We are filtering out tons of information and we are just going with the big simple ideas that matter. It’ll take time for you to learn how to see these ideas – more on that later. For now, let’s just enjoy putting down these simple curves that leave out so much from the figure.
So now we will add so additional curves. A big S shaped curve down the front of the leg. Some curves around the pelvis and the ribcage to show how the pelvis is tilted forward and the ribcage is tilted back. These are ideas important enough to add into our simple drawing.
Remember these curves I’m going through are not the ‘right’ ones – there are many ways to approach a pose. You can use these curves I’m giving you for this practice session. Below you’ll find more resources to train your own eye to see gesture your way.
And then we can add some curves for the other leg and arm to complete our drawing.
Below you can see my attempt to draw this pose with a charcoal pencil on paper. It’s absolutely not expected that yours looks like this, it could be messy or out of proportion. That’s absolutely fine – remember back to our mindset shift at the start of the article.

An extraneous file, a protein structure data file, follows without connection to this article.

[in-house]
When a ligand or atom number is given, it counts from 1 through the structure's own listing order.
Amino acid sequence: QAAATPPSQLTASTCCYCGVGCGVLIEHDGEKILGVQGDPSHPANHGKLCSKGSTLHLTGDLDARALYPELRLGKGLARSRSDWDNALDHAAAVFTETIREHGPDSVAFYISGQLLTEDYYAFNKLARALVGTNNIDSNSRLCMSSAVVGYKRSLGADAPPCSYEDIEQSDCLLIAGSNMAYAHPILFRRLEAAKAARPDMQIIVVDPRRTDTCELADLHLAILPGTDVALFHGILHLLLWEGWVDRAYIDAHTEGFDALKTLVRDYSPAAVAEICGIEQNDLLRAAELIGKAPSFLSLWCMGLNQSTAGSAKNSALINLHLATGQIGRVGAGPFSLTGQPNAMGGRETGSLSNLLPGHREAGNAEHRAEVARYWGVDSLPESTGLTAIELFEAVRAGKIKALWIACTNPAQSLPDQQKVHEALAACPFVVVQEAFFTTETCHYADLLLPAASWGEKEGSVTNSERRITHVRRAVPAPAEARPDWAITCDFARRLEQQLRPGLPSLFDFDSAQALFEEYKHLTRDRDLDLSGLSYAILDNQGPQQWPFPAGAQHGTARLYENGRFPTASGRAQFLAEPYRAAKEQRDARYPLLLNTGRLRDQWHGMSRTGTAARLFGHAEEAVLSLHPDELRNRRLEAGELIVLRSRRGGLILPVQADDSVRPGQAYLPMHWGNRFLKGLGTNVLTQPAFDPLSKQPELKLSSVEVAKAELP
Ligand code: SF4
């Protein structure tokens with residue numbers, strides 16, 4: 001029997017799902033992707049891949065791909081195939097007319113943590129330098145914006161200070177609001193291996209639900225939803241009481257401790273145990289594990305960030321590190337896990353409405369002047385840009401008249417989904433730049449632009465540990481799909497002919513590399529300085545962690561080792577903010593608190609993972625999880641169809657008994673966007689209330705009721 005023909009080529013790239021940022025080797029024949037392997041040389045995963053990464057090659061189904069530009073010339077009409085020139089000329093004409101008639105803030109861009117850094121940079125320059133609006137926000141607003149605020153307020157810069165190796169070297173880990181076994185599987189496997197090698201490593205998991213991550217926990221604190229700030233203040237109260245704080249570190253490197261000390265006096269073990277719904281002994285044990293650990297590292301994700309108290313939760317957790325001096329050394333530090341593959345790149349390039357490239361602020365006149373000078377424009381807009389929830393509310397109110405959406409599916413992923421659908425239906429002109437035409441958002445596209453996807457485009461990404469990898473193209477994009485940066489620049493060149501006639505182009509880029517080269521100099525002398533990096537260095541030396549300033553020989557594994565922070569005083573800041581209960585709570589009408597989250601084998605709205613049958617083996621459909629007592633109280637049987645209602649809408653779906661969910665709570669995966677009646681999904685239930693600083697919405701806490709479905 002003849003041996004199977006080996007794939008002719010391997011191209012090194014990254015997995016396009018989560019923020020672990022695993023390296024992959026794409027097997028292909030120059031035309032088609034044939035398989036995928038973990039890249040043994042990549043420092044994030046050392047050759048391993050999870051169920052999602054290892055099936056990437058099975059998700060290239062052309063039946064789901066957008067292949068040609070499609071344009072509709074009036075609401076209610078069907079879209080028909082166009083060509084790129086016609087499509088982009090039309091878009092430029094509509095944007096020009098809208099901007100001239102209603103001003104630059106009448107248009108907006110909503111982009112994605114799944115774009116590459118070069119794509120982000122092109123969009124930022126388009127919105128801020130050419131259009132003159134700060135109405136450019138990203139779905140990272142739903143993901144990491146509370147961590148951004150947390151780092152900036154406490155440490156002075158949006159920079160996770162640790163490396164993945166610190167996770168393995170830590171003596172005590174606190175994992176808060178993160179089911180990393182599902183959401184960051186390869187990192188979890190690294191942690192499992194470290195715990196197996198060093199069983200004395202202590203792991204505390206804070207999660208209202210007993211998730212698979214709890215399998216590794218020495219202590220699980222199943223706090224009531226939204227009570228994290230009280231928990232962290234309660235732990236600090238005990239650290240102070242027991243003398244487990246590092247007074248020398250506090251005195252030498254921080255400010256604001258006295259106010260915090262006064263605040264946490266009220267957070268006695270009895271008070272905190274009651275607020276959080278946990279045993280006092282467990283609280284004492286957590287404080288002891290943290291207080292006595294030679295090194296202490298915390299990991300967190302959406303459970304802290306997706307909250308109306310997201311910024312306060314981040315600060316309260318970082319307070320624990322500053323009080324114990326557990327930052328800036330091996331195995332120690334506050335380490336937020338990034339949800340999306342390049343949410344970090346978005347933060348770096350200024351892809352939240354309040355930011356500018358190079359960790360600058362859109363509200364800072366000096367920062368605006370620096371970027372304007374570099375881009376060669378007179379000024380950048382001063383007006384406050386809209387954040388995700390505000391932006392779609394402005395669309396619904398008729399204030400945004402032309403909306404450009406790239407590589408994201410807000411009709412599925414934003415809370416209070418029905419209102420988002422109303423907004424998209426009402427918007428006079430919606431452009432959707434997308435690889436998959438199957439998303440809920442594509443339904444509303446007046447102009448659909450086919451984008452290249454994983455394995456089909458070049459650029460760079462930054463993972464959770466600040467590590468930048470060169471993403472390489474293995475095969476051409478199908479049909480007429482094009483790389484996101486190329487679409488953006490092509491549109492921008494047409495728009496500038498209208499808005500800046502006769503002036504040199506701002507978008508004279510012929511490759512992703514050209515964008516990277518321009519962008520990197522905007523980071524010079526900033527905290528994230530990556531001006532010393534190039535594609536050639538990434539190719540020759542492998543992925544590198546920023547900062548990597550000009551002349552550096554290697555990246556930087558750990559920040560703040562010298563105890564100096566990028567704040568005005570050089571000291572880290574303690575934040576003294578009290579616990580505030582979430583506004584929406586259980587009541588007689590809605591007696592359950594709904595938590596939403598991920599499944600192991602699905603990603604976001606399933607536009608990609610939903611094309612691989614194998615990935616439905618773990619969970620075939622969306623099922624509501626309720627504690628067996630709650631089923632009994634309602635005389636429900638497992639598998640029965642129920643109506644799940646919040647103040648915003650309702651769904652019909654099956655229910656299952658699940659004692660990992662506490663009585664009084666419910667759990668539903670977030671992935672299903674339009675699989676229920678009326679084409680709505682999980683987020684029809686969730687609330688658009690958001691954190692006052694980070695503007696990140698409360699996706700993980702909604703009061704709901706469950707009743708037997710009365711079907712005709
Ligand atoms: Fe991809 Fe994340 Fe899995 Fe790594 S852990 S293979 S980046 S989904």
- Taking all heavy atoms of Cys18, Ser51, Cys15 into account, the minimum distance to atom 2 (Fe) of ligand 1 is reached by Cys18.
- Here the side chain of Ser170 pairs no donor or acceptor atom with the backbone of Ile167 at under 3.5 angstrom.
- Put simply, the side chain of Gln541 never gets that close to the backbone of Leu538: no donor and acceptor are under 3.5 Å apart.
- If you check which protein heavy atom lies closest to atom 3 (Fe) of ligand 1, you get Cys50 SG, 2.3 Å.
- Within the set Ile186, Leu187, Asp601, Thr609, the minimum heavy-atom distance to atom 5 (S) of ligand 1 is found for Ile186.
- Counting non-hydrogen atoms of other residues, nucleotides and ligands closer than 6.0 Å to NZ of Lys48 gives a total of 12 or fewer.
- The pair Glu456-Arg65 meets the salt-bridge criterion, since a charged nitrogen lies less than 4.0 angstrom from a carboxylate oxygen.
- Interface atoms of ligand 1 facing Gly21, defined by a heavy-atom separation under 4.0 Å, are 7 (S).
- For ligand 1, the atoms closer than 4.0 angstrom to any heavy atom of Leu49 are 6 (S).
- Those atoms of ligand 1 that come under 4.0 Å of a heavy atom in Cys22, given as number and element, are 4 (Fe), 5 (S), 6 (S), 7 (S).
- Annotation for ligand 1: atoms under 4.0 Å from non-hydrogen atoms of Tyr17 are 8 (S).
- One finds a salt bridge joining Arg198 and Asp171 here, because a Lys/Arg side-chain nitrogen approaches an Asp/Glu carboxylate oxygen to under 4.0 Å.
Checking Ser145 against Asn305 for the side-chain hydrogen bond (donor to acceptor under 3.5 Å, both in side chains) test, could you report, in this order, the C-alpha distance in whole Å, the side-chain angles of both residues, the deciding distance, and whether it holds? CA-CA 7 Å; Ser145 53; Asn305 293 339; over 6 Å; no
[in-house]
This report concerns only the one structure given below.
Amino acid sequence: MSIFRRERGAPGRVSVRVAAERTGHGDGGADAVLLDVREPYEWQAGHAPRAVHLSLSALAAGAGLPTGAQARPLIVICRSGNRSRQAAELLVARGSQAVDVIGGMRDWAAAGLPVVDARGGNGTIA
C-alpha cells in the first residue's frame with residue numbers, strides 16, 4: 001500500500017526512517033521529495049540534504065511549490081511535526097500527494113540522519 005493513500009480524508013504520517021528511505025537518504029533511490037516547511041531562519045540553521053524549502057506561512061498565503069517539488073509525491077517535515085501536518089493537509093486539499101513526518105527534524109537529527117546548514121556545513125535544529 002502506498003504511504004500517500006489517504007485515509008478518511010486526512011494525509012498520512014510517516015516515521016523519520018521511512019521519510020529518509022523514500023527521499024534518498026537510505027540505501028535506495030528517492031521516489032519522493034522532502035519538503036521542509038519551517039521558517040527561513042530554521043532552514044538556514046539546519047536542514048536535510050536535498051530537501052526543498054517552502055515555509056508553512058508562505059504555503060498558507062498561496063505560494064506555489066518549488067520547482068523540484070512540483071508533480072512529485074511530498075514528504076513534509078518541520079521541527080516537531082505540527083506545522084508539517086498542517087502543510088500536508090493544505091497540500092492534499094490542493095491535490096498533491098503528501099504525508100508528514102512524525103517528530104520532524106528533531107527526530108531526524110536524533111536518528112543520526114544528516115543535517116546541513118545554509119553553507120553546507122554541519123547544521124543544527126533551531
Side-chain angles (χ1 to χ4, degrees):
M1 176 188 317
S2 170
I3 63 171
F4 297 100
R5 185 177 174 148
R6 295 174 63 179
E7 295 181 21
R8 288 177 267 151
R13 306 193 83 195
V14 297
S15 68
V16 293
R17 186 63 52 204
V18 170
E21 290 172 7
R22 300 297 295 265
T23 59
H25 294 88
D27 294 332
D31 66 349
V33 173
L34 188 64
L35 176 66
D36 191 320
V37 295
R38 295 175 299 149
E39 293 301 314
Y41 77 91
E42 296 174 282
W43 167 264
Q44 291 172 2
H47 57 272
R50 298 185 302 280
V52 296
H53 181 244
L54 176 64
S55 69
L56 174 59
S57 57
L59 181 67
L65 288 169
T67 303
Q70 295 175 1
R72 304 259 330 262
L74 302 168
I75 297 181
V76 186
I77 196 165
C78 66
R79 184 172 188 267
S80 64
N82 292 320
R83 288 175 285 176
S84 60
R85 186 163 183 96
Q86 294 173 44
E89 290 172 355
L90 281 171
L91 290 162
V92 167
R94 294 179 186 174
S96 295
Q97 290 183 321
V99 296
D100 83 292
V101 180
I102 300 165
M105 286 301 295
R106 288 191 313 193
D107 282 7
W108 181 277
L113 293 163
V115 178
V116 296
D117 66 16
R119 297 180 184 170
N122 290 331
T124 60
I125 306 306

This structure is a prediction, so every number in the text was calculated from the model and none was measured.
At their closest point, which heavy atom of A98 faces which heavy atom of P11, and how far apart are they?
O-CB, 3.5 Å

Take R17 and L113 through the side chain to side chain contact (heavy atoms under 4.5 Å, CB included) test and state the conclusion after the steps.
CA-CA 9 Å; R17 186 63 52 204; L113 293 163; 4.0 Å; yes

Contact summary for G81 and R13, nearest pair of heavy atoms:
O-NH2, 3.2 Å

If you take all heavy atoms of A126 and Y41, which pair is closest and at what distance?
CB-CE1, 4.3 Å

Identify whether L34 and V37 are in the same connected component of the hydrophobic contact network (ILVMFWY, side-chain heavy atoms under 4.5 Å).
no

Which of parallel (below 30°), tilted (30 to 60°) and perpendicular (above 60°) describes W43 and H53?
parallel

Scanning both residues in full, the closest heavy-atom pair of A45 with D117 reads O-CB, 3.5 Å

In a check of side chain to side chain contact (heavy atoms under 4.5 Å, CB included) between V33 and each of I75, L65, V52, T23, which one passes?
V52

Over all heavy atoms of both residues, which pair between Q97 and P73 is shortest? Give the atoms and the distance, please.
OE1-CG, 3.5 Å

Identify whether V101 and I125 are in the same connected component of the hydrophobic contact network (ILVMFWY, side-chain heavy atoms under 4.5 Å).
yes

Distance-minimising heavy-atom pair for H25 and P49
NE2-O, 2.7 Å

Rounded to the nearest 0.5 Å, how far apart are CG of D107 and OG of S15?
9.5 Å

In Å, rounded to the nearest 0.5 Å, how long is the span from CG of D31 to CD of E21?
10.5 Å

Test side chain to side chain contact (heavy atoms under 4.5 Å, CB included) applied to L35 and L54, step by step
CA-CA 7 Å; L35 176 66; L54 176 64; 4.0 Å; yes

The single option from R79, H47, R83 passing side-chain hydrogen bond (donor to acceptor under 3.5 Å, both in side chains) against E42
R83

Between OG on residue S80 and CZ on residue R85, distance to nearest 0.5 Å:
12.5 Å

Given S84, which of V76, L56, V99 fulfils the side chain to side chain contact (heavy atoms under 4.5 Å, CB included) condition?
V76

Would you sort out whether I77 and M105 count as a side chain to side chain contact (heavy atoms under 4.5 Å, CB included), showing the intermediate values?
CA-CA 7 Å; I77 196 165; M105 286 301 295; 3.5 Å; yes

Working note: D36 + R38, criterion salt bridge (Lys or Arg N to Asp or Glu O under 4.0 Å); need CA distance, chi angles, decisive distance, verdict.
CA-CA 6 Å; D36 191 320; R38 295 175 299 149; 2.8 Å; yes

So movement isn’t the only thing we are aiming for in a gesture drawing. There are secondary aims too – we do want the big simple forms to be captured, and we want some sense of gravity and weight. To help give the sense of movement, we might want to change our line quality to bring attention to some places and move it away from others. But these are all things we don’t need to worry about at once. These are ideas you can work on further with the ‘nuts and bolts’ section below. That would be too much for this practice session. Right now, let’s just start to recognise and respect that visual sensation of movement as much as or maybe more than we respect proportions and details, and let’s start to loosen up.
The nuts and bolts of gesture drawing
A huge part of learning to draw gesture is about shifting to the mindset outlined above. However, there are also technical aspects to gesture drawing that you will need to slowly learn. Fortunately, we have some excellent resources for you as you keep going down this road:
1. The major forms